Wine giant Constellation Brands and Marchesi de' Frescobaldi are expected to announce as early as April 1 that the venerable Italian producer has struck a deal to take over Tuscany's famed Tenuta dell' Ornellaia in its entirety. Inside sources report that Frescobaldi, which already owned half the estate, will pay around $45 million for the 50 percent stake that had belonged to Robert Mondavi Corp.
The fate of Ornellaia, which produces two of Italy's greatest wine, Ornellaia and Masseto, has been up in the air since last fall. First the struggling Mondavi company announced plans to sell off its luxury brands, then Fairport, N.Y.-based Constellation made a takeover bid for all of Mondavi.
Constellation was primarily interested in the high-profile, high-volume Mondavi and Woodbridge labels, which filled needs in a wine portfolio that ranges from Almaden box wines to Ravenswood and Simi. After finalizing its acquisition of Mondavi in December, the alcoholic-beverage giant sold off the smaller Arrowood and Byron wineries in California earlier this year. But the company indicated interest in holding onto the luxury gems, Ornellaia and Opus One, if the joint-venture partners were willing.
The partners have first option to buy out Mondavi's half of their ventures, and the Frescobaldis chose to do just that in March with Luce della Vite, which they cofounded in 1995 in Montalcino to make Luce and Lucente, super Tuscan blends of Sangiovese and Merlot. While the Frescobaldis promptly resold the Luce stake to Michael Mondavi's new company to continue their partnership, the Tuscan family is expected to maintain total ownership of Ornellaia and not involve the Mondavis.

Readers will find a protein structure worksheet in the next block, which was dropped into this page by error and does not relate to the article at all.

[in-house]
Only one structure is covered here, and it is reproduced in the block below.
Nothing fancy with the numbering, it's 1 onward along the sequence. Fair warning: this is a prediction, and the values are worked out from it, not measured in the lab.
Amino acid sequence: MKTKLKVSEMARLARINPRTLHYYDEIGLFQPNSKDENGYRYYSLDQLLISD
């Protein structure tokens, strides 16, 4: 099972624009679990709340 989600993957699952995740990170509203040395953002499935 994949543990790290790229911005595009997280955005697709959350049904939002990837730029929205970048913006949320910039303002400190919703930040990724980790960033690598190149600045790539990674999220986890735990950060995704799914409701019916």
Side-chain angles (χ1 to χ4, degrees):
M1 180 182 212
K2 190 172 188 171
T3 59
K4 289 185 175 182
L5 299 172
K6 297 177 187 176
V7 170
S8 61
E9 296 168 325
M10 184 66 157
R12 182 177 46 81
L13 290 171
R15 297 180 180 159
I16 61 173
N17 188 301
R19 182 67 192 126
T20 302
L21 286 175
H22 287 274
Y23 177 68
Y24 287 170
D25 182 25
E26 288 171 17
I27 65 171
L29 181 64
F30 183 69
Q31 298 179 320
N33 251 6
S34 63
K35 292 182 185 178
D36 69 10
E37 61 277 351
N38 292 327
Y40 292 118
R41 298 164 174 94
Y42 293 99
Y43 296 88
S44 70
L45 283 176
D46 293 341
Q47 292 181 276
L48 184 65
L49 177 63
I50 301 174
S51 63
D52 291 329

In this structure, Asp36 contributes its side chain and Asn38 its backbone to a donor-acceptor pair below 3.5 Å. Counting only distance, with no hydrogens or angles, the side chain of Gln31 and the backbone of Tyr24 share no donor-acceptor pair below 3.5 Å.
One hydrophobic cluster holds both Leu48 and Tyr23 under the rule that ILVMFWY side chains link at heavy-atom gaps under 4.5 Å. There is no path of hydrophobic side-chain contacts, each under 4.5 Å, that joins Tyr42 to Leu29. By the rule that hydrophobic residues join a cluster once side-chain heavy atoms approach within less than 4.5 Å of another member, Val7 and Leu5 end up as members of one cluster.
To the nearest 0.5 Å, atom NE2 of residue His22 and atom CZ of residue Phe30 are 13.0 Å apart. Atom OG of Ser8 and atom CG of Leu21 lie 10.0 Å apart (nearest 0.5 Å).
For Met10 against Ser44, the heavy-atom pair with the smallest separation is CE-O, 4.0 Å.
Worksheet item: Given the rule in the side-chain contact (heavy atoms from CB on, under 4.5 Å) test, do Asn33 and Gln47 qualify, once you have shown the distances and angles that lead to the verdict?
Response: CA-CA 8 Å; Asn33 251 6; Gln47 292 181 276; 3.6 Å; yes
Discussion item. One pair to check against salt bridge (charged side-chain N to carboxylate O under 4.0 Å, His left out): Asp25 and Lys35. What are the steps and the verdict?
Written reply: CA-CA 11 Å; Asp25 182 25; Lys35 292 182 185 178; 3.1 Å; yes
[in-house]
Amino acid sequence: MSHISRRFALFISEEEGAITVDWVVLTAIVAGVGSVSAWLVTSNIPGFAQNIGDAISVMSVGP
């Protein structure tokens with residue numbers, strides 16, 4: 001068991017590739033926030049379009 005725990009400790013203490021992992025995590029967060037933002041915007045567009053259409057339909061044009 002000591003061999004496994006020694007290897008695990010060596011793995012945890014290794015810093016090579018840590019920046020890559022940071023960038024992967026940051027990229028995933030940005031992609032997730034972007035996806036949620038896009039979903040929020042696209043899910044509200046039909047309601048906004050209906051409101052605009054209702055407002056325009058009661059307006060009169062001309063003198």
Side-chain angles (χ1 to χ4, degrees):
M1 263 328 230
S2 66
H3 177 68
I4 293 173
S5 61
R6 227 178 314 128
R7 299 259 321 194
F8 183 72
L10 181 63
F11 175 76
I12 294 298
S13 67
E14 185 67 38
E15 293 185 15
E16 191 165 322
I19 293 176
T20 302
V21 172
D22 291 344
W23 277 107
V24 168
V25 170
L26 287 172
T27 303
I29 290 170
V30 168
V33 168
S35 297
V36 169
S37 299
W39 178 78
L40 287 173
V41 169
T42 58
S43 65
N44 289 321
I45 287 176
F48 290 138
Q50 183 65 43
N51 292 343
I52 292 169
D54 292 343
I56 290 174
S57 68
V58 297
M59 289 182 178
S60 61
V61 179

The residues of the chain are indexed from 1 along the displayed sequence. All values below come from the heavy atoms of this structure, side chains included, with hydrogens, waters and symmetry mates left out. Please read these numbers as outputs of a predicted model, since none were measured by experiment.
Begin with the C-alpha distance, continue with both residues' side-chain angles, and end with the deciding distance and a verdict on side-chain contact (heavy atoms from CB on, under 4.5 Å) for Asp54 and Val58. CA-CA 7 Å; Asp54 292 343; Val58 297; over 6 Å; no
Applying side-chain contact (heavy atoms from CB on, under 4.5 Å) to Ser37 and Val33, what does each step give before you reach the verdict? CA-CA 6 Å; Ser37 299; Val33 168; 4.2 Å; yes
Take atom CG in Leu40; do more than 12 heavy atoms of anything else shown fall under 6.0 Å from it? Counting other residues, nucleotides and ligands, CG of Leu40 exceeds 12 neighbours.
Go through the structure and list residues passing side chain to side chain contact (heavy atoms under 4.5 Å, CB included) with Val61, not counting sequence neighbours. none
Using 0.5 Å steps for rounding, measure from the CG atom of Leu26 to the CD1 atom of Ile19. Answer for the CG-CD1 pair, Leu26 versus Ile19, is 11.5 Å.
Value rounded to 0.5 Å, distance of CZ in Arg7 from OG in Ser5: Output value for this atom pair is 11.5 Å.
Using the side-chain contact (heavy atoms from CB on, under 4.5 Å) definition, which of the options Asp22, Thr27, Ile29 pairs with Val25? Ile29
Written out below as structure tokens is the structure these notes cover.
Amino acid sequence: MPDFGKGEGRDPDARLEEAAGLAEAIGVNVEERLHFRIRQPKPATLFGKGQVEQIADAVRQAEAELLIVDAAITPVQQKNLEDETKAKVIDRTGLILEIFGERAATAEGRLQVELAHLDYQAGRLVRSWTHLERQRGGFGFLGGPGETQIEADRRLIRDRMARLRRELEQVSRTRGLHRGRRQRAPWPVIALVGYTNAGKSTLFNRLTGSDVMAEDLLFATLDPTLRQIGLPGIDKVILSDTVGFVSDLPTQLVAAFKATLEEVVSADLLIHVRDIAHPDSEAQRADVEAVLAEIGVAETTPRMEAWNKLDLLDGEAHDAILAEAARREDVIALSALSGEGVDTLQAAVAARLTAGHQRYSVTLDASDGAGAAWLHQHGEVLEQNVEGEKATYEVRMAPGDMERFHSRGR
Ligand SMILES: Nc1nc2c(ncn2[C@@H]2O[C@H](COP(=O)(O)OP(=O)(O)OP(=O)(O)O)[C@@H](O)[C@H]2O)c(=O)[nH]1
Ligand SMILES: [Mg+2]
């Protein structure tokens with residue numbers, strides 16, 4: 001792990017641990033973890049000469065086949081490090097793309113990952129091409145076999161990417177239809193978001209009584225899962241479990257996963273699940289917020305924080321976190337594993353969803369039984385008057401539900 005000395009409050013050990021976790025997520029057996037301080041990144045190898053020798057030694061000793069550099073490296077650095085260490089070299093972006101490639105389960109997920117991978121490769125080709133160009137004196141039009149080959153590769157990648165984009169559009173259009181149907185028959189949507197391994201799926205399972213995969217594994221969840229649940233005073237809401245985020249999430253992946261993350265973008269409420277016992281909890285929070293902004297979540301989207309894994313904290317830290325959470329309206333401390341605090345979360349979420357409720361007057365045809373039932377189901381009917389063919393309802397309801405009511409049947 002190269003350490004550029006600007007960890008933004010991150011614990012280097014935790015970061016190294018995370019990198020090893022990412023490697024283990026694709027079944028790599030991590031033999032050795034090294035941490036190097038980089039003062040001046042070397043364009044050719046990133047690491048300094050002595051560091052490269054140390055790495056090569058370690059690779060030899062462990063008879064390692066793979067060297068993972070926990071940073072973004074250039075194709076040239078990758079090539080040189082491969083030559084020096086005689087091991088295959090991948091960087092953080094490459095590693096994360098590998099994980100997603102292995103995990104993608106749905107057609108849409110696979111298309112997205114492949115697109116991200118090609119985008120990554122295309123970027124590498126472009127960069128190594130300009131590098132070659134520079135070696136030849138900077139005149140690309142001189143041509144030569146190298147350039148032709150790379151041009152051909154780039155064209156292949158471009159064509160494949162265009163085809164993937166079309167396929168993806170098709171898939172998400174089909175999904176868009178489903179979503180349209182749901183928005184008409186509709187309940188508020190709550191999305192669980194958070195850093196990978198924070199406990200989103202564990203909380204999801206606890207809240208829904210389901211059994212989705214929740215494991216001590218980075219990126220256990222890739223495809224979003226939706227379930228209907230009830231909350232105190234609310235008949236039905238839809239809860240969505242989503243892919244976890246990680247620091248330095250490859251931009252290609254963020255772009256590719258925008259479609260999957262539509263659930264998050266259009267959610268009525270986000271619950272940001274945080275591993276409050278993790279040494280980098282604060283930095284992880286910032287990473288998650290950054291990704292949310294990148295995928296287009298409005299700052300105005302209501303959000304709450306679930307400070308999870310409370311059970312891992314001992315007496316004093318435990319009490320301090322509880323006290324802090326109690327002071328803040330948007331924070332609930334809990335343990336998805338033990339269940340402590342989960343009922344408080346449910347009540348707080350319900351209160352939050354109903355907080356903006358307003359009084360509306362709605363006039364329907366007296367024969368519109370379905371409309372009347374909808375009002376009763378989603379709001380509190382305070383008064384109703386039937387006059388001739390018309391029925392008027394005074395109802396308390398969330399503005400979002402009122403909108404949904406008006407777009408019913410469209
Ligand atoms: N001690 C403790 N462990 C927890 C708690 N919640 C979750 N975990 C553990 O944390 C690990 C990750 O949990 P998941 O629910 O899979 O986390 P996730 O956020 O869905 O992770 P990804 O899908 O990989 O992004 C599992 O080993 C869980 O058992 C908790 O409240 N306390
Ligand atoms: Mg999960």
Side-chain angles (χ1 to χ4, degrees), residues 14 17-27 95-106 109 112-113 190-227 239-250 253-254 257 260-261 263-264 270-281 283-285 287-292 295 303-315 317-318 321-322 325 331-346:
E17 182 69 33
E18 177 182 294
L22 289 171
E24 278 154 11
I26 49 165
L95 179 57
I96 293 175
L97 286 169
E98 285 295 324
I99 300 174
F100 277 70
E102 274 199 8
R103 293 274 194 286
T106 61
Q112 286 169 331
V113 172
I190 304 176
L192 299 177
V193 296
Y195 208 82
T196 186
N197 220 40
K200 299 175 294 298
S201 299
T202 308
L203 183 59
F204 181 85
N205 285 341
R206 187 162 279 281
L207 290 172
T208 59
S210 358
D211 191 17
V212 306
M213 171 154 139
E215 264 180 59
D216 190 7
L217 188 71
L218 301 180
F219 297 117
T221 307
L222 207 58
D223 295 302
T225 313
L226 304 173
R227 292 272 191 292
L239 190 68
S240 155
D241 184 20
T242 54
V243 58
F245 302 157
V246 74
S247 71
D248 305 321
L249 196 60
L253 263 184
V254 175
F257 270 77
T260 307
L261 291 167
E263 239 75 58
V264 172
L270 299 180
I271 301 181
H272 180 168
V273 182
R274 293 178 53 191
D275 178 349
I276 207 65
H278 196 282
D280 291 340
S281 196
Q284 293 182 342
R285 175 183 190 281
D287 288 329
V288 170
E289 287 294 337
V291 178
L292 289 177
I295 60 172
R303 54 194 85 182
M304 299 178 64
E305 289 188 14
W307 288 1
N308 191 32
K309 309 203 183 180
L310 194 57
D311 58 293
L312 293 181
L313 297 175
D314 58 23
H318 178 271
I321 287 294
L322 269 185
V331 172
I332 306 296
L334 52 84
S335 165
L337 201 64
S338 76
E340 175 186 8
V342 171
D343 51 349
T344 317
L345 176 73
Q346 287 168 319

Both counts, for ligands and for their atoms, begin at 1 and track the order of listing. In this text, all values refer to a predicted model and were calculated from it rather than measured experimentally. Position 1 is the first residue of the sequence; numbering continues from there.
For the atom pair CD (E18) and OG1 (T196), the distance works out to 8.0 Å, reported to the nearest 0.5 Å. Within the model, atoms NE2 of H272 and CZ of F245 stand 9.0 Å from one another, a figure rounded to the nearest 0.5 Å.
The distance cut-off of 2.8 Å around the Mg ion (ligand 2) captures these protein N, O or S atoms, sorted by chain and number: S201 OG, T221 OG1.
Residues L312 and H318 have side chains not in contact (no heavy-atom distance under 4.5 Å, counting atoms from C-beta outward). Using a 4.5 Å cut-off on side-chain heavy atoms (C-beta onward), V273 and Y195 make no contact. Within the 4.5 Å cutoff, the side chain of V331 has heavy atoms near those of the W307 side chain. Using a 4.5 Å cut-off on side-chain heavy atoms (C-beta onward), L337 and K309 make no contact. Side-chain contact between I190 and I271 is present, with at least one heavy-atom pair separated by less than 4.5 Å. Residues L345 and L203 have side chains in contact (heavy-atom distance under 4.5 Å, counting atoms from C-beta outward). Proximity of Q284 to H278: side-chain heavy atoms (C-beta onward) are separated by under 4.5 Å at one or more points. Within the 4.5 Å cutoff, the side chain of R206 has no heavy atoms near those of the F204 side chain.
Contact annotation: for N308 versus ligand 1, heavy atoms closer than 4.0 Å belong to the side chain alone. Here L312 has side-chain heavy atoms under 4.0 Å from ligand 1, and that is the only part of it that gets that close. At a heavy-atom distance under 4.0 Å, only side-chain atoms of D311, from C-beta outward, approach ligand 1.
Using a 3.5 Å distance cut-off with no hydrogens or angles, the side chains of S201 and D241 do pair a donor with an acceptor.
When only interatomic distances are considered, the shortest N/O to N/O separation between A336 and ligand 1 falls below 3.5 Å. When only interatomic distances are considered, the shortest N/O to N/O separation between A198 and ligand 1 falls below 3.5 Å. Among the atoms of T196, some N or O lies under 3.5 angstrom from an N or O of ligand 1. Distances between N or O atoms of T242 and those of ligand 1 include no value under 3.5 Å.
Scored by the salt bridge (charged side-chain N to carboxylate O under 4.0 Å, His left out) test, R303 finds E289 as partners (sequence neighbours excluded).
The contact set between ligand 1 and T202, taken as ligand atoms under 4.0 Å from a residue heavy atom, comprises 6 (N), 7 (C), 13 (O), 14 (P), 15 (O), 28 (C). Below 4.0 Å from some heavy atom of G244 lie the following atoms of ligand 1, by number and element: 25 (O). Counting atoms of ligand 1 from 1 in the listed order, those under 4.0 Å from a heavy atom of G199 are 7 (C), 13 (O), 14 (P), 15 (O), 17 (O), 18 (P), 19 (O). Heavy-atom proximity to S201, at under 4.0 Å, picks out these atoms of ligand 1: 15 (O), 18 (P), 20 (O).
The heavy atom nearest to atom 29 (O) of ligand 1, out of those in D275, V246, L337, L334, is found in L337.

Tenuta dell' Ornellaia, a 225-acre estate in the coastal region of Bolgheri, was founded in 1981 by Lodovico Antinori. It rose to prominence with Ornellaia, a Bordeaux-style blend—the 1998 vintage (96 points, $110) was Wine Spectator's Wine of the Year in 2001—and Masseto, a pure Merlot. The Mondavi family bought a stake in 1999, later acquiring the entire estate and thenselling half of it to the Frescobaldis for $17.5 million in 2002.
Wine quality remained high throughout the Mondavis' and Frescobaldis' involvement and even improved, with the 2001 Masseto ($250) scoring a perfect 100 points. Not only is it the best Masseto the estate has yet made, it set a new standard for Tuscan reds and earned the No. 6 spot in Wine Spectator's Top 10 Wines of 2004.
The Frescobaldis plan to keep the same team at Ornellaia, with Leonardo Raspini remaining as general manager, Bordeaux's Michel Rolland as consulting enologist and New Zealand's Danny Schuster as consulting viticulturist.
Frescobaldi, which has been making wine for seven centuries and has extensive vineyard holdings throughout Tuscany, improved its own quality tremendously in the 1990s. Its Brunellos, Lamaione Merlot, Chianti Rufina Montesodi and new Giramonte blend of Sangiovese and Merlot have earned outstanding to classic scores in recent years.